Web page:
‘All science is either physics or stamp collecting.’ Ernest Rutherford didn’t have a high opinion of chemistry. Famously, he was never impressed that he won the Nobel prize in such a lowly discipline. For the man who gave us the proton, those lab benches just weren’t sexy enough.
It’s a problem that persists. Last month, a survey of 186 industry professionals by Elsevier’s Reaxys found 78% of chemists felt that the discipline was unattractive because it didn’t make headlines. Similar numbers reported difficulty hiring new staff or bemoaned the discipline’s obsession with applied science as a major turn-off.
It’s all an illusion, of course. The daily work of any other scientist is beset by an equal level of mundanity to that of your average chemist. But chemistry holds the unenviable position of being viewed as ‘that required technical fiddly bit’. And too few try to dispel that myth.
For decades, chemistry communication has been on a crash course to mediocrity, afraid to take risks or say something important. It has fallen back on parlour tricks: a razzle-dazzle of goop, fire and explosions. A moment’s ‘squeaky pop’ grabs attention but doesn’t kindle a lifelong passion while someone else is offering you the stars. Wonder – that magic ingredient to spark a lifetime’s interest – is absent. Without real-world context (and I don’t mean a hailstorm of equations) any demonstration is meaningless.
Missing, too, are tales of heroes, villains and eccentrics. We don’t share them enough. Instead, chemistry chat obsesses over minutiae. The general public doesn’t care if a picture has left or right-handed DNA, and pointing out such flaws is often the scientific equivalent of correcting someone’s grammar; all it does is drive people away.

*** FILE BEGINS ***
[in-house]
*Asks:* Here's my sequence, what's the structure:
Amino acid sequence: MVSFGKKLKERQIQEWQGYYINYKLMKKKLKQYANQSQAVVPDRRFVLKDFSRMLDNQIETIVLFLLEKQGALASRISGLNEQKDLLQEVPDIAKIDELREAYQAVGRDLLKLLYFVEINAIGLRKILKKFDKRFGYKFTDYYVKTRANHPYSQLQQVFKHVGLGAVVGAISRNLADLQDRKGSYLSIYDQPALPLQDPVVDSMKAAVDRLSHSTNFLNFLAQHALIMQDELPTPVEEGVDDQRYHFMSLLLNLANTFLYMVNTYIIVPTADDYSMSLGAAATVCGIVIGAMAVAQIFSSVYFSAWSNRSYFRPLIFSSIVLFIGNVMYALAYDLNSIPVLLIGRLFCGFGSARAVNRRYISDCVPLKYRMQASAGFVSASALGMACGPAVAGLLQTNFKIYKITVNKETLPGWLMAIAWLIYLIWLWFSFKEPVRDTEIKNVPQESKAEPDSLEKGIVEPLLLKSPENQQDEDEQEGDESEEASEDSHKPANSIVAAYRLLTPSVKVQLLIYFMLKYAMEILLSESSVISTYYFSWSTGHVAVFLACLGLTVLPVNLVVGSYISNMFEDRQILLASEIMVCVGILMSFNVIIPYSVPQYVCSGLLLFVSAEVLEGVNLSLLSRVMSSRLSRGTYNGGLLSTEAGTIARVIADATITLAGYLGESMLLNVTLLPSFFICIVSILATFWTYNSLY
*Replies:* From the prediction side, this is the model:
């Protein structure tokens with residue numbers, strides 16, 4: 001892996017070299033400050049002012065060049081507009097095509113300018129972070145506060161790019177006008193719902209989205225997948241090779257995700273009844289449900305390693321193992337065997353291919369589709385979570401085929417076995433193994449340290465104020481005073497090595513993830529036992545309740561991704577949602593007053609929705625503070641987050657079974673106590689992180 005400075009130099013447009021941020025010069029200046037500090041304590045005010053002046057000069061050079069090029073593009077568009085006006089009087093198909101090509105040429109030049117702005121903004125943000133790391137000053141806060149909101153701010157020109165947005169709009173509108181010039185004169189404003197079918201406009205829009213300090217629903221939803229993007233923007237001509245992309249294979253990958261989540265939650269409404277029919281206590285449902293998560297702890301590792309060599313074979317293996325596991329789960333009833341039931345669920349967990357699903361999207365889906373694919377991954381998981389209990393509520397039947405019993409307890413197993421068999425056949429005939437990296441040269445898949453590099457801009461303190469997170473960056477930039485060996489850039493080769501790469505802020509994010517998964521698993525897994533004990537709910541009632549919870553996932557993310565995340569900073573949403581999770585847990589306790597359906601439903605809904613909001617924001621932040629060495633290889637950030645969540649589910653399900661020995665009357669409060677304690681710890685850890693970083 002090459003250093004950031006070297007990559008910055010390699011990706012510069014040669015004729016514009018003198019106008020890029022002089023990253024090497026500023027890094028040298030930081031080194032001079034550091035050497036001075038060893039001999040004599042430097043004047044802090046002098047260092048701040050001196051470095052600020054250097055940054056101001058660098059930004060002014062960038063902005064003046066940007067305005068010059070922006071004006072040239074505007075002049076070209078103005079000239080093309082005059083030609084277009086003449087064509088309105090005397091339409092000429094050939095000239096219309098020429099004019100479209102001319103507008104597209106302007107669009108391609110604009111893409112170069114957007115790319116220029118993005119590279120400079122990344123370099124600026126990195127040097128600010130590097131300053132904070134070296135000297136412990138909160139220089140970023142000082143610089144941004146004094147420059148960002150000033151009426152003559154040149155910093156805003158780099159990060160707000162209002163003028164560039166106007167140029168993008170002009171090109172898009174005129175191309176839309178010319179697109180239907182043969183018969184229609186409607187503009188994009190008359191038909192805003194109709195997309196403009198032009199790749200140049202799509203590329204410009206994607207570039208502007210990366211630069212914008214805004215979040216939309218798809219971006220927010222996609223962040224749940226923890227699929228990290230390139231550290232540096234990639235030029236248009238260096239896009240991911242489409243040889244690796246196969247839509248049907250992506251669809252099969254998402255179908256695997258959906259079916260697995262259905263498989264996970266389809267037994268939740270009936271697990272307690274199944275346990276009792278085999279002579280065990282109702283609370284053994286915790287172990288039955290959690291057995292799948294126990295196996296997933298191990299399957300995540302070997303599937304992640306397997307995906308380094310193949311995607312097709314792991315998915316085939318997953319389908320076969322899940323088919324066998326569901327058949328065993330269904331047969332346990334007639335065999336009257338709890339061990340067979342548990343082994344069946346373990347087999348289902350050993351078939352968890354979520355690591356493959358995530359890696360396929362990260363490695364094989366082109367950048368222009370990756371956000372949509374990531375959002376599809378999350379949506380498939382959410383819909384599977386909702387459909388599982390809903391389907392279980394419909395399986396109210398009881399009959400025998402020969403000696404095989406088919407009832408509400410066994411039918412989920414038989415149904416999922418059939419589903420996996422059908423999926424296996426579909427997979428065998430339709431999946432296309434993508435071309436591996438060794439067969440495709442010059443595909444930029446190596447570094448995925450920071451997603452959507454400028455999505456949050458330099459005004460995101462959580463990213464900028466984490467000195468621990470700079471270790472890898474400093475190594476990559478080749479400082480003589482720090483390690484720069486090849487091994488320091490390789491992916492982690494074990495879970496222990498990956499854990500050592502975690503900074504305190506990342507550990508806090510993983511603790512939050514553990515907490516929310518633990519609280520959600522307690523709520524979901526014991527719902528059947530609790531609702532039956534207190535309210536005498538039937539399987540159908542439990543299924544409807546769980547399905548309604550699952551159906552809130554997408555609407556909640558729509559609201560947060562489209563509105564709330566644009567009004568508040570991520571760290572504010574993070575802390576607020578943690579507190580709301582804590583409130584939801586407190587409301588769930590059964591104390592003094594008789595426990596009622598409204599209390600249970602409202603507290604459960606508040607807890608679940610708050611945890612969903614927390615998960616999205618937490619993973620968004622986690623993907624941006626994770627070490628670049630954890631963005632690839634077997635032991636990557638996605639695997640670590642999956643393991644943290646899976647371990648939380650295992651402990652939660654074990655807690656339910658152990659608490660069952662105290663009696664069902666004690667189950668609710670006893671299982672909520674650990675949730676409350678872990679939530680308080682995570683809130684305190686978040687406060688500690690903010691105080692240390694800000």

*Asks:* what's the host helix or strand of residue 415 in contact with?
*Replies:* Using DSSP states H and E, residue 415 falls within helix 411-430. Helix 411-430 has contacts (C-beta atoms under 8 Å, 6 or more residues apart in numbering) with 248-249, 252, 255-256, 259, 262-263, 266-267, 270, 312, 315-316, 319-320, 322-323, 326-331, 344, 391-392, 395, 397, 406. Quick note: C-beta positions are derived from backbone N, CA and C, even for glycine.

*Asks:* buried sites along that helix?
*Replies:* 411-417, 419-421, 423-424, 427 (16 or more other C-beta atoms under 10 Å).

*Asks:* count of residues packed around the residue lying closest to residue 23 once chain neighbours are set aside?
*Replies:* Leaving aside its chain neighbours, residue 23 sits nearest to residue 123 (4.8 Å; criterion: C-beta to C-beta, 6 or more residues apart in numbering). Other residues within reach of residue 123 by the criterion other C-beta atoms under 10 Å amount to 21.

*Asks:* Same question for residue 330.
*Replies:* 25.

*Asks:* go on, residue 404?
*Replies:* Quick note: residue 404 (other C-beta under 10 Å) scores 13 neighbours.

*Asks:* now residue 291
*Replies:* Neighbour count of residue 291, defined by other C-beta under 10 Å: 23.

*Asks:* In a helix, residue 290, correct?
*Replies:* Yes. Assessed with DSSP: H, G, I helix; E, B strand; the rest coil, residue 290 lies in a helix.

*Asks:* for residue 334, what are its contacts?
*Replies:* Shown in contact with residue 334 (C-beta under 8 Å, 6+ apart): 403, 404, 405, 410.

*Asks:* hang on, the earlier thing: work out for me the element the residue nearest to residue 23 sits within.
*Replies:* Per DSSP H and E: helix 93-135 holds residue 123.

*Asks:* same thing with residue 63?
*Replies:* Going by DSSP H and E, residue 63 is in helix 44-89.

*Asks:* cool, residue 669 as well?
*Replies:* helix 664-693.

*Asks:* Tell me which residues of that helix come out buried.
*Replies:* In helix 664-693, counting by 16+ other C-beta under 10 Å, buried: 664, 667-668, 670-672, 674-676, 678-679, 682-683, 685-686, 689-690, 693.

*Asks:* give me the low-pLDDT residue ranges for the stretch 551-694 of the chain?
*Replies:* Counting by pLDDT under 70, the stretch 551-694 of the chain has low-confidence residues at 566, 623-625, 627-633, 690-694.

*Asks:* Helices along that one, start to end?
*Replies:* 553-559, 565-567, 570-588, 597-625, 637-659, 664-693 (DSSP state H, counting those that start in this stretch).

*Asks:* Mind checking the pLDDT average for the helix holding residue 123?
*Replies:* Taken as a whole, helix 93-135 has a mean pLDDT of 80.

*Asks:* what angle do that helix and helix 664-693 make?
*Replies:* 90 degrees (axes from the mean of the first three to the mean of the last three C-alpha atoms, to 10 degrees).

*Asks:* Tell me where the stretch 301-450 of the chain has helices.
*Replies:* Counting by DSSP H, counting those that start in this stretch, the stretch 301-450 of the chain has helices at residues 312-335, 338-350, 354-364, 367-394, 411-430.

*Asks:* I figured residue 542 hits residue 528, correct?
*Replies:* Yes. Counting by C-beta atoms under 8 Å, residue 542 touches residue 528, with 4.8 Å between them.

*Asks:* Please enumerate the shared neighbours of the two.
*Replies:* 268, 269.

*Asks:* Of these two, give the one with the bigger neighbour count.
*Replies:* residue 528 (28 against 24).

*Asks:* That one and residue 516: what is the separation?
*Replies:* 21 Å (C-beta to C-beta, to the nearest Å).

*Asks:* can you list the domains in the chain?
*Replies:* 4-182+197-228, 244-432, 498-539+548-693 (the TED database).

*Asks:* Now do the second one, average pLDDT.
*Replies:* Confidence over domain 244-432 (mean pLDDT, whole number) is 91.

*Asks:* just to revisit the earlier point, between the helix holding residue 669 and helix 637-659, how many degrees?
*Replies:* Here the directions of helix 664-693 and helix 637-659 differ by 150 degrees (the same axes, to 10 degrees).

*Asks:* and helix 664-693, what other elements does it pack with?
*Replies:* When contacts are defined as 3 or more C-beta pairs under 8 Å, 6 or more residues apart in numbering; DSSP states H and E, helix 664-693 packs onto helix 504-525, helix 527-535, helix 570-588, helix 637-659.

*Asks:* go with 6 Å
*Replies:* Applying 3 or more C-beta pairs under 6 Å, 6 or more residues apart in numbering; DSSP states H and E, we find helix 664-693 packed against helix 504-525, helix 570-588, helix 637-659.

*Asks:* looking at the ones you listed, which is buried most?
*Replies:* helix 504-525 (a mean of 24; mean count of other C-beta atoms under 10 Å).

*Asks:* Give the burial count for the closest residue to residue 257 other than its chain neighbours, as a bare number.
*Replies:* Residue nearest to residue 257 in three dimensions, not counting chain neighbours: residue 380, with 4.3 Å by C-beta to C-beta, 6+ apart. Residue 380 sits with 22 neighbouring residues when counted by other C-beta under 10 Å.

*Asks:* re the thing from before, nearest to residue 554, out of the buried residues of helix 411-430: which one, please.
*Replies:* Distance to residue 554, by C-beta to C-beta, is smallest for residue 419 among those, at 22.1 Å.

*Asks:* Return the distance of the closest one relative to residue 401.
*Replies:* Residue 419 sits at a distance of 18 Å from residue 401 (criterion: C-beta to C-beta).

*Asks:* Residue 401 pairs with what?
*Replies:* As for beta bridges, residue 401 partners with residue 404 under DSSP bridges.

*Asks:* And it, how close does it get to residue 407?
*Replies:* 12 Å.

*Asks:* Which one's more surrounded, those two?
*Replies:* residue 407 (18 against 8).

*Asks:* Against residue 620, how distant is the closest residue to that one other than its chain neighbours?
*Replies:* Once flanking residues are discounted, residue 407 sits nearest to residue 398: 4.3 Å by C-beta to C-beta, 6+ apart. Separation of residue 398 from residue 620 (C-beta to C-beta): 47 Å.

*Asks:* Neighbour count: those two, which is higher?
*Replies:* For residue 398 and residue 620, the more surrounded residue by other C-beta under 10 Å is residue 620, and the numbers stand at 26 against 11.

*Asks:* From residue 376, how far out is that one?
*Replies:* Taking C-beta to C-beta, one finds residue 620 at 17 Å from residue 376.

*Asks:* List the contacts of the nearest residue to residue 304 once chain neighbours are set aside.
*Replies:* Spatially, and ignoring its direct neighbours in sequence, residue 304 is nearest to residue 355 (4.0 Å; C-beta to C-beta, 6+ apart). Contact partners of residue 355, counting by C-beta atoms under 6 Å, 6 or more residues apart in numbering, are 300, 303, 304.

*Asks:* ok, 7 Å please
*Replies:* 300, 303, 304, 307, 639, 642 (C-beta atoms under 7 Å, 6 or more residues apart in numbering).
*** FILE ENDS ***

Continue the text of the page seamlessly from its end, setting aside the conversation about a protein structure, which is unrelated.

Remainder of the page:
All of this is an easy fix. Chemistry just has to be more ambitious, ditch gimmicks and show how amazing its world can truly be: a world of nanocars, of crystalline intricacy, of giant magnets and frickin’ laser beams. We need to show and explain, not show and tell. There are discoveries that could make headlines: we have to use them, rather than boring an audience to sleep with calculus. Until then, Rutherford is right: we’re just stamp collecting.
Update: your response, 31 October 2017
Following the publication of this comment, we’ve had lots of response through social media, both agreeing and disagreeing with the article.
Of course, there are many good examples of science communication in chemistry. The article was never intended to be a blanket commentary on all efforts, but to highlight that where chemistry’s efforts to engage the public can be focused on a performance aspect, such as demonstrating a reaction, biology and physics communication is more focused on the wider picture. There is a recognised shortfall in chemists coming through (particularly in disciplines such as radiochemistry), and we need to ask ourselves why.
Zoe Schnepp wrote a very considered response that highlighted several good examples of science communication, including the Diamond Light Source. She’s right: we should be addressing how to support teachers. And David Smith had a great suggestion.
The Chemistry In Action event sounds very informative, and Chemistry World has asked if it can attend. As Smith commented, science communication is a voluntary activity for most chemists: it’s not a requirement of the job. While we should discuss the best approach to raise awareness of chemistry, the original article’s failure to acknowledge the time people give up freely to share a passion for their subject is a valid criticism of the original article.
I'm as part of the "let's blow shit up" brigade as anyone and this is very much what I said in my Faraday talk. https://t.co/0mf3iIJvX0— Andrea Sella (@SellaTheChemist) October 30, 2017
Andrea Sella agreed with the sentiment of the article (that we need to share the big picture when engaging in science communication) while Mark Lorch suggested we move away from bangs and tell stories (such as the chemist who saved his friends’ Nobel medals from the Nazis). Both provided links well worth investigating.
& what I said here https://t.co/YNs3DDVy7i . & needs saying again and again.— Prof Mark Lorch (@Mark_Lorch) October 30, 2017
Thanks to your comments, we will be working on a follow-up piece to showcase good science communication and explore ways to inspire the next generation of chemists.